declaratory theory was suggested by Blackstone which states that a ‘judge is not delegated to pronounce new law, but maintain and expound the old one’.  Lord Esher stated; ‘’There is no such thing as judge-made law, for the judges do not make the law, though they frequently have to apply existing law to circumstances as to which it has not previously been authoritatively laid down that such law is applicable’’.  It is often said that the Parliaments role is to make the law and the role of the judges is to apply the law. However, it is not always as straightforward. Such statements provide the first argument that judges simply follow the law which is laid out by Parliament. The traditional view of the function of an English judge has been that it is not to make law but to decide cases in accordance with existing legal rules.  However the Declaratory theory was dismissed by Lord Lloyd as fairytale.  He describes the judicial process as the determination of the law relative to the case, followed by the retrospective application of the law and thus, the courts changing the law. Another piece of evidence rejecting the declaratory theory is the 1966 Practice Statement  which permits the House of Lords to overturn its own decisions. Such legislation made way for such decisions in R v R. Although this does not create new law it gives the House of Lords the power to alter the position of the existing law. Another theorist (Dworkin) states that judges have no discretion in law making, they are merely implementing it. He also stated that the law was a seamless web of principles and judges have to follow these principles.
An example which would support the argument that courts have a role law making is Common Law. Common law is a vital source of law making. It has developed over the centuries through judges decisions. As time progresses common law evolves along with it due to many legal principles which arise. The key feature of the common law system is binding precedent also known as stare decisis. The precedent operation is dependent on the court hierarchy. A court is bound to follow the same decisions of courts above. Superior courts have the power to overruled decisions made by the inferior courts. Consequently every rule of law is subject to change, either by judges themselves or Parliament.  Backing the debate in which courts play a part in law-making is the view of Lord Radcliffe when he stated that ‘’…there was never a more sterile controversy than that upon the question whether a judge makes law. Of course he does. How can he help it?’’.  Lord Radcliffe’s words have immense weight due to the fact he was a well respected law lord.
In order for courts to interpret Parliament legislation they use the statutory interpretations. These are needed due to the fact that the language of a statute may be out-dated and needs updating. This is especially required for statutes which were created long ago such as Offences Against The Persons Act  which was created in 1861. The literal rule of interpretation states that the wording of the statute must be followed in a word by word basis. This gives judges no discretion for them to actually change the law but only to enforce it. The statute must be enforced by the judges even though it may lead to an absurd decision. A demonstration of this rule is the case of Fisher v Bell.  The strict application of the literal approach may be modified by the use of the golden rule. This means that where the literal approach would produce a manifestly absurd outcome, judges may depart from the ordinary meaning of the words, in favor of an interpretation which avoids the absurdity.  The mischief rule asks the judge to consider what the legislative purpose of the Act was-what was the ‘mischief’ the Act was trying to deal with. Any question of interpretation should be resolved in such a way as not to thwart that purpose. The problem with this view is: how does it relate to the concept of the independence of the judiciary?  There’s a major difference between the literal rule and the last two mentioned rules. The judges have more discretion whilst interpreting law using the golden and mischief rule contrary to the literal rule.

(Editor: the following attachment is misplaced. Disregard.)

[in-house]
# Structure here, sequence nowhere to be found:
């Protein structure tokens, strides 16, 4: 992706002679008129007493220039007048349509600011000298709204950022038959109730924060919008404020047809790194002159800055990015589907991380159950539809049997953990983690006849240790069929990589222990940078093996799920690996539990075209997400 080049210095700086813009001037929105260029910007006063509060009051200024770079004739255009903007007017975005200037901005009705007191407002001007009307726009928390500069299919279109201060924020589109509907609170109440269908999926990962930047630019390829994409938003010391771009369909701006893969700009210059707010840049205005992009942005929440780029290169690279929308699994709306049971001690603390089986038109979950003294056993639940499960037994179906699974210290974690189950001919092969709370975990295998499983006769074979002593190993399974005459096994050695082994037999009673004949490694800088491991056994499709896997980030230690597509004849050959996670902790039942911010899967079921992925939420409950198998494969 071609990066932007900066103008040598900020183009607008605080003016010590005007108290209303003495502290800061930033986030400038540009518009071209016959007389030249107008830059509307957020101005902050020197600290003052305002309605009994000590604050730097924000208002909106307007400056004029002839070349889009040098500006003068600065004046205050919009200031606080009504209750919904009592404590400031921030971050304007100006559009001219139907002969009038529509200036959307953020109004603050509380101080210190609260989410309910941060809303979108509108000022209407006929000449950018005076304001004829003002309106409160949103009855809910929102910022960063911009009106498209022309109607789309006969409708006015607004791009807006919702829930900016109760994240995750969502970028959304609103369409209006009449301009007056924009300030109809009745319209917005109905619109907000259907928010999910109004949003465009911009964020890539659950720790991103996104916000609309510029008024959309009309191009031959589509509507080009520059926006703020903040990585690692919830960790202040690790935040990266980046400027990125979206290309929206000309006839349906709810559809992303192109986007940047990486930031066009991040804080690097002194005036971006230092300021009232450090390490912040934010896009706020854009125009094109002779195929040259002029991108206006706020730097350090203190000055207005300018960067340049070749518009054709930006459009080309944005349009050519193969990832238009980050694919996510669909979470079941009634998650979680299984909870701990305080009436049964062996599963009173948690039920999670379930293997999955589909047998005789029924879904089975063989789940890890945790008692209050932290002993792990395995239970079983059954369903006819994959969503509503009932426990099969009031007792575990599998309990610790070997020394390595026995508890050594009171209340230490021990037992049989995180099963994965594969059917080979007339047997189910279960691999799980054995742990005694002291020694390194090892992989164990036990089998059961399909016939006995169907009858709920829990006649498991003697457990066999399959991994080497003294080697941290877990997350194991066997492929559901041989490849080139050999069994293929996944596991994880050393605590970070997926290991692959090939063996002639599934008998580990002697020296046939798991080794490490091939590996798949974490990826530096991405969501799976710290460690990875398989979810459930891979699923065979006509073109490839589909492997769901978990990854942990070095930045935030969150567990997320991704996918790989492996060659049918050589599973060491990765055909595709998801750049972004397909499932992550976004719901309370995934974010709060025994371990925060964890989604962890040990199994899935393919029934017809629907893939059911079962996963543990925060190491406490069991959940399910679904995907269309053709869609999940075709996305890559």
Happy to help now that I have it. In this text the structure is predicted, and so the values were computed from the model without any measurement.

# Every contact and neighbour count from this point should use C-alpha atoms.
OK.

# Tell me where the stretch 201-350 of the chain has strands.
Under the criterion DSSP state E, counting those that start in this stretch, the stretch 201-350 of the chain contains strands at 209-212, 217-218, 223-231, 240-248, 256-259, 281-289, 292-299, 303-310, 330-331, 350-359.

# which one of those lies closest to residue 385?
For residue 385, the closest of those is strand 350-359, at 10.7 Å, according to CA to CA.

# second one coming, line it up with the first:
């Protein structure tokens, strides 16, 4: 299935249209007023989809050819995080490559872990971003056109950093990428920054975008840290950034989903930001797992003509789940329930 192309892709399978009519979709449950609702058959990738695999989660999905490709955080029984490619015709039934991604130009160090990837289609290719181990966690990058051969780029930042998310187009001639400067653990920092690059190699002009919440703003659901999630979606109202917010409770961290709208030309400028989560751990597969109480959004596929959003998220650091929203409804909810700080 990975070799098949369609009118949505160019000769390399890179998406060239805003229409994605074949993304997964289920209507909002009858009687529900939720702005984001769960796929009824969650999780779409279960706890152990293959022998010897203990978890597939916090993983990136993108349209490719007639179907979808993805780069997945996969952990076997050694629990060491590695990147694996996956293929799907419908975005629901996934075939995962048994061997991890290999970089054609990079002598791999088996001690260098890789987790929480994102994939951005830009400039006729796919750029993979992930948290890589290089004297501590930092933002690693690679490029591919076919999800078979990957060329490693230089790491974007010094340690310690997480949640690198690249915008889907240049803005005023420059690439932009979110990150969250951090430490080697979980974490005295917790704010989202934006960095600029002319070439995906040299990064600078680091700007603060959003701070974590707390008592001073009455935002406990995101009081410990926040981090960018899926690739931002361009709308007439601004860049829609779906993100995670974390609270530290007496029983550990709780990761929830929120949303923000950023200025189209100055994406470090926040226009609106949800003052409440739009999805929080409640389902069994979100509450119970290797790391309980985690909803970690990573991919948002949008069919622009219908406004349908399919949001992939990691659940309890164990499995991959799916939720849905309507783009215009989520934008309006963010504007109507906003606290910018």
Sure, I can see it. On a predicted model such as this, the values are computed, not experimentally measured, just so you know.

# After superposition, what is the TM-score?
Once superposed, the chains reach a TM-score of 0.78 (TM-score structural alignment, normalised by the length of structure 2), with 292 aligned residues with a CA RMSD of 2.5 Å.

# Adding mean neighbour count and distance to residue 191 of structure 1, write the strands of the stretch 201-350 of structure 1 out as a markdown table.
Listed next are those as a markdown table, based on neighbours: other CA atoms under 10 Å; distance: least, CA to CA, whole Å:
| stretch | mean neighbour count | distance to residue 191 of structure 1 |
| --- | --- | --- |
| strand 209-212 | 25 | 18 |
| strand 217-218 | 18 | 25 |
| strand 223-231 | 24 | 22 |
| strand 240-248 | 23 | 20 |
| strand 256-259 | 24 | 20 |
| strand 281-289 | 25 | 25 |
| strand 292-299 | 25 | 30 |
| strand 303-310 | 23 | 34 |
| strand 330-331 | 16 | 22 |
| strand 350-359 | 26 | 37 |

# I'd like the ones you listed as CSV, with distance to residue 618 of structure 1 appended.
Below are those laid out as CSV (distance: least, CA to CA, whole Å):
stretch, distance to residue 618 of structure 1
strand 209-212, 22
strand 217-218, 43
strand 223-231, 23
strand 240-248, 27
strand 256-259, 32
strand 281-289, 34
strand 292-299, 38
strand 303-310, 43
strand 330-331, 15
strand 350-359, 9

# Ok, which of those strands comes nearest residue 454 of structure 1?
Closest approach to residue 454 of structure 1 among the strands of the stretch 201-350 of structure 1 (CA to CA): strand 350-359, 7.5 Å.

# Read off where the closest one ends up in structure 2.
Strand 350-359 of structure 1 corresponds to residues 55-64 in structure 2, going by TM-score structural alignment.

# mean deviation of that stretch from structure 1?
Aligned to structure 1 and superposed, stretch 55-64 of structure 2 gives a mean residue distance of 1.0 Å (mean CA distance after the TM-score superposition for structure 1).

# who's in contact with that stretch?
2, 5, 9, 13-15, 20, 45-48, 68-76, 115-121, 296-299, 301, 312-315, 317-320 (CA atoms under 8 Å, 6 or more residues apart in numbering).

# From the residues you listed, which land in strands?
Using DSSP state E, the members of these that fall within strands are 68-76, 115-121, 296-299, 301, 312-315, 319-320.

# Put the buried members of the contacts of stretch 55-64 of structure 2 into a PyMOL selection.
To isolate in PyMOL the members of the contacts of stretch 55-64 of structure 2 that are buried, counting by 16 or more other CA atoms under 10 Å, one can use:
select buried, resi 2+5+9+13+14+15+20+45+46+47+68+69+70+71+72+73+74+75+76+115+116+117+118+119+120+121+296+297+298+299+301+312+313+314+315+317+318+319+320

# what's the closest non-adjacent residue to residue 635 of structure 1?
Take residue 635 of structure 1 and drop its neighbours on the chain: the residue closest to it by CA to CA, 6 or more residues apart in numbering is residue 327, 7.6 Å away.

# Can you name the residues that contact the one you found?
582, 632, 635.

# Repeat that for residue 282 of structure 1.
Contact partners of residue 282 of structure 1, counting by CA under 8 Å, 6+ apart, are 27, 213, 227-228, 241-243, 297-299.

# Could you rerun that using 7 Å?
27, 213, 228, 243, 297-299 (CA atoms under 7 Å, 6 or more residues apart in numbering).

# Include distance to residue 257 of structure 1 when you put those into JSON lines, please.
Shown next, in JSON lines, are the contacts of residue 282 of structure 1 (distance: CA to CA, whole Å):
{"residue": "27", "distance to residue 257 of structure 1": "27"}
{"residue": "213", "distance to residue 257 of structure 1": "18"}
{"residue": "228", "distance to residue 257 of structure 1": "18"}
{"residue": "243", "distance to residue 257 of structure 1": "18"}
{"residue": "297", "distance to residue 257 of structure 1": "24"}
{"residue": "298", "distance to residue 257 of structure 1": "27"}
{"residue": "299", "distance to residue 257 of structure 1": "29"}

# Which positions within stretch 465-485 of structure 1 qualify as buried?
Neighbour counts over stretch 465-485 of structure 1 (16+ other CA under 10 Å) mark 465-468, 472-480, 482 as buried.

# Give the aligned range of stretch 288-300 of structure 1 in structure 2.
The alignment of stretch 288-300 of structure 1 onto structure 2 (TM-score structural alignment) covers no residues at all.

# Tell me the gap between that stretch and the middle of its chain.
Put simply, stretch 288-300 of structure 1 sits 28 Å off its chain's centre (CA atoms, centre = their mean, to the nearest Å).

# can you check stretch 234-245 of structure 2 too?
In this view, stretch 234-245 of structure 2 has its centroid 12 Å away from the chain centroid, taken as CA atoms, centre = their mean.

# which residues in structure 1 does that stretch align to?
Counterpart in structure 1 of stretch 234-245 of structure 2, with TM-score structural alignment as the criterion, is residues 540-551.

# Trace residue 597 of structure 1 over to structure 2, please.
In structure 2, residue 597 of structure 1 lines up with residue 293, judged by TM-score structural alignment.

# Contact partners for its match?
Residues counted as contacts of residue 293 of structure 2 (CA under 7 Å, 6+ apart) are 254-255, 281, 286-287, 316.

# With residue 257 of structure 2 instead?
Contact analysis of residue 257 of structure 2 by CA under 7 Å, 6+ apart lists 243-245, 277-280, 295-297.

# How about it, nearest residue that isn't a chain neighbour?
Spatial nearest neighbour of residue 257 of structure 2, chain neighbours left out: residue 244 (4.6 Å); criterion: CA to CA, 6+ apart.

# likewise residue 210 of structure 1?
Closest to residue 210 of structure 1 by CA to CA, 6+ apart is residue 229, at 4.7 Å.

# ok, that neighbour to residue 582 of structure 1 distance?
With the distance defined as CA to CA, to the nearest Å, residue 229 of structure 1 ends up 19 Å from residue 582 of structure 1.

Judges are able to use internal and external aids in order to help them interpret legislation. Internal aid consist of; the long title, short title and the preamble. The external aids consist of; dictionaries, historical settings, earlier case law and Hansard. The purposive approach goes beyond the mischief rule in that the court is not just looking to see what the gap was in the old law; the judges are deciding what they believe Parliament meant to achieve. Lord Denning’s attitude towards statutory interpretation is shown when he said; ‘’we sit here to find out the intention of parliament and carry it out, and we do this better by filling in the gaps and making sense of the enactment than by opening it up to destructive analysis’’. 
Until 1992 there was a firm rule that the courts couldn’t look at what was said in the debates in Parliament. In Pepper v Hart the House of Lords relaxed the rule and accepted that Hansard could be used in a limited way. The case was unusual as there were seven judges hearing the appeal instead of the normal five. The majority ruled that Hansard could be consulted. 
Considering the discussions, it can be said that the role of judges in law-making is evident and is a crucial part of the ELS. It’s clear that Parliament has the biggest role in law-making however it can be argued that the courts and judges have a major part to play in the progression and development of out of date law. Lord Radcliffe’s statement into the subject of law making proves that judges indeed to make law.
Table of Cases:
Fisher v Bell, (1961) 1 QB 394
Willis v Baddeley (1982) 2 QB 324
Kleinwort Benson v Lincoln City Council (1992) 2 AC349 (HL) 394
Table of legislation:
Offences Against the Person Act 1861
1966 Practice Statement